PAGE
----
The cut in pay of advertising head Sir Martin Sorrell, Britain's highest paid boss, is a sign of the increasing focus investors are putting on the salaries of the leaders of the firms they own.
The WPP chief executive's pay is expected to fall by 34% to £41.6m this year, compared to £70m he took home a year ago, according to published details of the group's long-term scheme.
But there is little worry that Sorrell will have to take on extra work as an Uber driver to make ends meets.
His pay for last year still works out at £113,000 a day, and the amount of cash the firm has paid him over the last five years totals £210m.
At the group's annual meeting last year 34% of shareholders refused to back the company's remuneration policy, up from 22% 12 months before.
Prior to the meeting, the UK Shareholders' Association said there was "a history of excessive pay" at WPP, which Sorrell founded in 1985.
But since the financial crisis there has been an increasing focus on executive pay, even as rank-and-file workers are axed, or forced to accept pay freezes.
Pay for the FTSE 100 chief executives has risen from an average of £1m in 1998 to £4.3m in 2015, said the High Pay Centre. This is 144 times the median wage of the average Briton, currently £27,600.
By comparison for most employees, pay rose by around 2% last year, and is only just back to 2008 levels.
SVM Asset Management managing director Colin McLean warned last month that investor anger over hefty financial rewards will come to a head this year as nearly half of FTSE 100 firms face binding votes on pay policy.
Travel giant Thomas Cook saw a backlash in February after nearly a third of shareholders voted against a long-term management bonus scheme.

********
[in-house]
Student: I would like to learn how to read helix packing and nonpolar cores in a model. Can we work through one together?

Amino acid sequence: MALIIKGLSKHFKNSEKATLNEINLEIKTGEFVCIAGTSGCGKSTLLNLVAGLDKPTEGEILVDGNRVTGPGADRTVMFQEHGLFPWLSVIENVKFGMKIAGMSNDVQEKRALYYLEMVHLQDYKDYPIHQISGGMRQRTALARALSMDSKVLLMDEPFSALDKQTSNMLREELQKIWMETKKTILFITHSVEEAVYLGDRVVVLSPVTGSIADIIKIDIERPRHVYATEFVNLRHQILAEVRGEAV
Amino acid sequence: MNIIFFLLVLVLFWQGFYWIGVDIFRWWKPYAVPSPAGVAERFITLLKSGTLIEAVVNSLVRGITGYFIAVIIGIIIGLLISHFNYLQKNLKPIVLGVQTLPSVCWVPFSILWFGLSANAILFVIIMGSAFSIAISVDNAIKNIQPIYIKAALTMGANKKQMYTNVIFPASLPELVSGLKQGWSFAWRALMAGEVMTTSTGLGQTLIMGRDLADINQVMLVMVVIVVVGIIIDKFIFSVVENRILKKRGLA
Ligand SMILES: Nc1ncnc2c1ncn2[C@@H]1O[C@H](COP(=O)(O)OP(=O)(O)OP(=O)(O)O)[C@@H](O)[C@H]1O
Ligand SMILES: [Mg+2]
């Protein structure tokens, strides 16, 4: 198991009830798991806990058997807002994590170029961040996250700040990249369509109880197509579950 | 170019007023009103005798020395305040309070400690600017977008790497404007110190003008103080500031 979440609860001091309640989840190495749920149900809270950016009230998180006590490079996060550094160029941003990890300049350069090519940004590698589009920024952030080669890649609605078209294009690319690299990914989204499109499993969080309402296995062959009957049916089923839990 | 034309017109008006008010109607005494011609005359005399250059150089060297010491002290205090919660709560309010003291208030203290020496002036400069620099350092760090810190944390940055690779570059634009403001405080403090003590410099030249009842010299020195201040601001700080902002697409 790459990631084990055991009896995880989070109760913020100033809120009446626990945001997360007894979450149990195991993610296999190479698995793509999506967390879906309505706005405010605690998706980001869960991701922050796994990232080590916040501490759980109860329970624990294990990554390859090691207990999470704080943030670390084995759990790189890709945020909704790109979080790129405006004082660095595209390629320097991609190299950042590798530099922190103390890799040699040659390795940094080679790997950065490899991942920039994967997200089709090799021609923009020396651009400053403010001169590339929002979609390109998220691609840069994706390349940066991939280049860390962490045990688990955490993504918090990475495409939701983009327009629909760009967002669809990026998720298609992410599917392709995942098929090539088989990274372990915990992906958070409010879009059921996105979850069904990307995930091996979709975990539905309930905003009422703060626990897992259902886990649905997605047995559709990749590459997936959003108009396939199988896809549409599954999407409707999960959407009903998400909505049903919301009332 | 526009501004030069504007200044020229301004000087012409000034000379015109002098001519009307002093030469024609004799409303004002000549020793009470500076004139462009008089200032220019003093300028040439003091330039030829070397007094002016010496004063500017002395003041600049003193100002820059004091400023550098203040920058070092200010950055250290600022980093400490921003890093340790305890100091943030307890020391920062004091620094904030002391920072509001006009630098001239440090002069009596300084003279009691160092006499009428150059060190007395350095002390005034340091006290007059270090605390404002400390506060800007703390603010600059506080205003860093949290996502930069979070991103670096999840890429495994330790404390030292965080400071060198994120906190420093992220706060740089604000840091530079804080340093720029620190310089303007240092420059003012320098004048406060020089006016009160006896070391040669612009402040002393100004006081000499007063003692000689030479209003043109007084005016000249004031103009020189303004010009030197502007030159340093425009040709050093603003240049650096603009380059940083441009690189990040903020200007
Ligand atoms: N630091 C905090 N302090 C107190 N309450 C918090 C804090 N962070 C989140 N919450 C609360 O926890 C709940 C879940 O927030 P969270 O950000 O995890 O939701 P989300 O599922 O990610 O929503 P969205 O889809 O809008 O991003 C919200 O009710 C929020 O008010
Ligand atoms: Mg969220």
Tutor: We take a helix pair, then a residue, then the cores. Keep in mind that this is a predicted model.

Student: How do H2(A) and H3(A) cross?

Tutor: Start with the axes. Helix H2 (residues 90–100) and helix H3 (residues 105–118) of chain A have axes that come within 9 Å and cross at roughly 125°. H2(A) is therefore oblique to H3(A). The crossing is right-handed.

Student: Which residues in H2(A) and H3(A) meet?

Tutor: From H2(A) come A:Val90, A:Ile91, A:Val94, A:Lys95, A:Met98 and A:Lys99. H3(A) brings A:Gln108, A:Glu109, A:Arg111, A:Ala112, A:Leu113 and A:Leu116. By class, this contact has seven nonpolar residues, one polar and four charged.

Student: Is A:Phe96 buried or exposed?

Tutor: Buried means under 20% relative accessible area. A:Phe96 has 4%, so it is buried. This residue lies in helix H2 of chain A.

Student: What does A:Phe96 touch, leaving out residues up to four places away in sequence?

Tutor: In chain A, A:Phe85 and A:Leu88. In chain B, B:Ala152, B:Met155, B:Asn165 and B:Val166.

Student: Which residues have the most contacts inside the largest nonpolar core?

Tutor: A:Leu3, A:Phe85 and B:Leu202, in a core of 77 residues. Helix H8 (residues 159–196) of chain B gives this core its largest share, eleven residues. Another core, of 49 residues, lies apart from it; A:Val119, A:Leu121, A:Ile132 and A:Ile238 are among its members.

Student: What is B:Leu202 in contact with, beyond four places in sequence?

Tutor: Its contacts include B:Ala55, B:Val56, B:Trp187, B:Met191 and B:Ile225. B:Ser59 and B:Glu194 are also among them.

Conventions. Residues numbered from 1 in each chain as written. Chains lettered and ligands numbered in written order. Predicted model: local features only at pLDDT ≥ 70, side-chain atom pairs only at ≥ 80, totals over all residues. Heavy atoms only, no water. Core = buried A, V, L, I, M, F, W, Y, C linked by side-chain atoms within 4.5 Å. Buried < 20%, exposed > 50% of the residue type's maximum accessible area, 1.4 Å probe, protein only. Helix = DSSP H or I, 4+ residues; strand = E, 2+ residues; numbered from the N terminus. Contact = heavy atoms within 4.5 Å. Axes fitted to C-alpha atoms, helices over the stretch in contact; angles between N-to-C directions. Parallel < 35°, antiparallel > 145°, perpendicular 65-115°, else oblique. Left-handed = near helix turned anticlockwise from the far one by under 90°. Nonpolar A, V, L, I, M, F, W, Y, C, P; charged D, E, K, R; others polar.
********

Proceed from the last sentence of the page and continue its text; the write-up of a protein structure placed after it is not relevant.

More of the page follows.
Banking giant Barclays is also understood to be freezing its chief executive's salary and bonuses in an attempt to head off the kind of shareholder rebellion that is threatening a raft of top-flight firms.
However, Royal Dutch Shell and Rolls-Royce this week doled out hefty pay rises to their top bosses despite delivering lacklustre results.
Shell boss Ben van Beurden's total pay package jumped by 54% last year to €8.6m (£7.5m) following a rise in payouts under long-term incentive plans, an increase from €5.6m a year earlier.
However, the oil giant saw profits fall from $3.8bn to $3.5bn in 2016, due to the cost of its record-breaking purchase of BG Group, and a lacklustre performance from its oil and gas trading arm.
Rolls-Royce boss Warren East has landed secured a total pay package of £2.1m for 2016, including the bonus and a £925,000, despite the aircraft engine maker recently reporting a loss of £4.6bn, the biggest annual loss in its history.
High Pay Centre director Stefan Stern said the problem is the merry-go-round of executives who take turns sitting on corporate remuneration committees.
He told IBTimes UK: "They are all used to dealing with these very big numbers every day. Part of the reason these executives are chosen is that they do not have a reputation for rocking the boat."
UK Shareholders' Association policy director Peter Parry simply adds that any headway the issue of high executive pay has made will be lost as the country's Brexit negotiations begin.
"Brexit will take up such a huge amount of time," Parry told IBTimes UK. "It will dominate the policy agenda, and something like executive pay will be one of the many things lost among all that noise."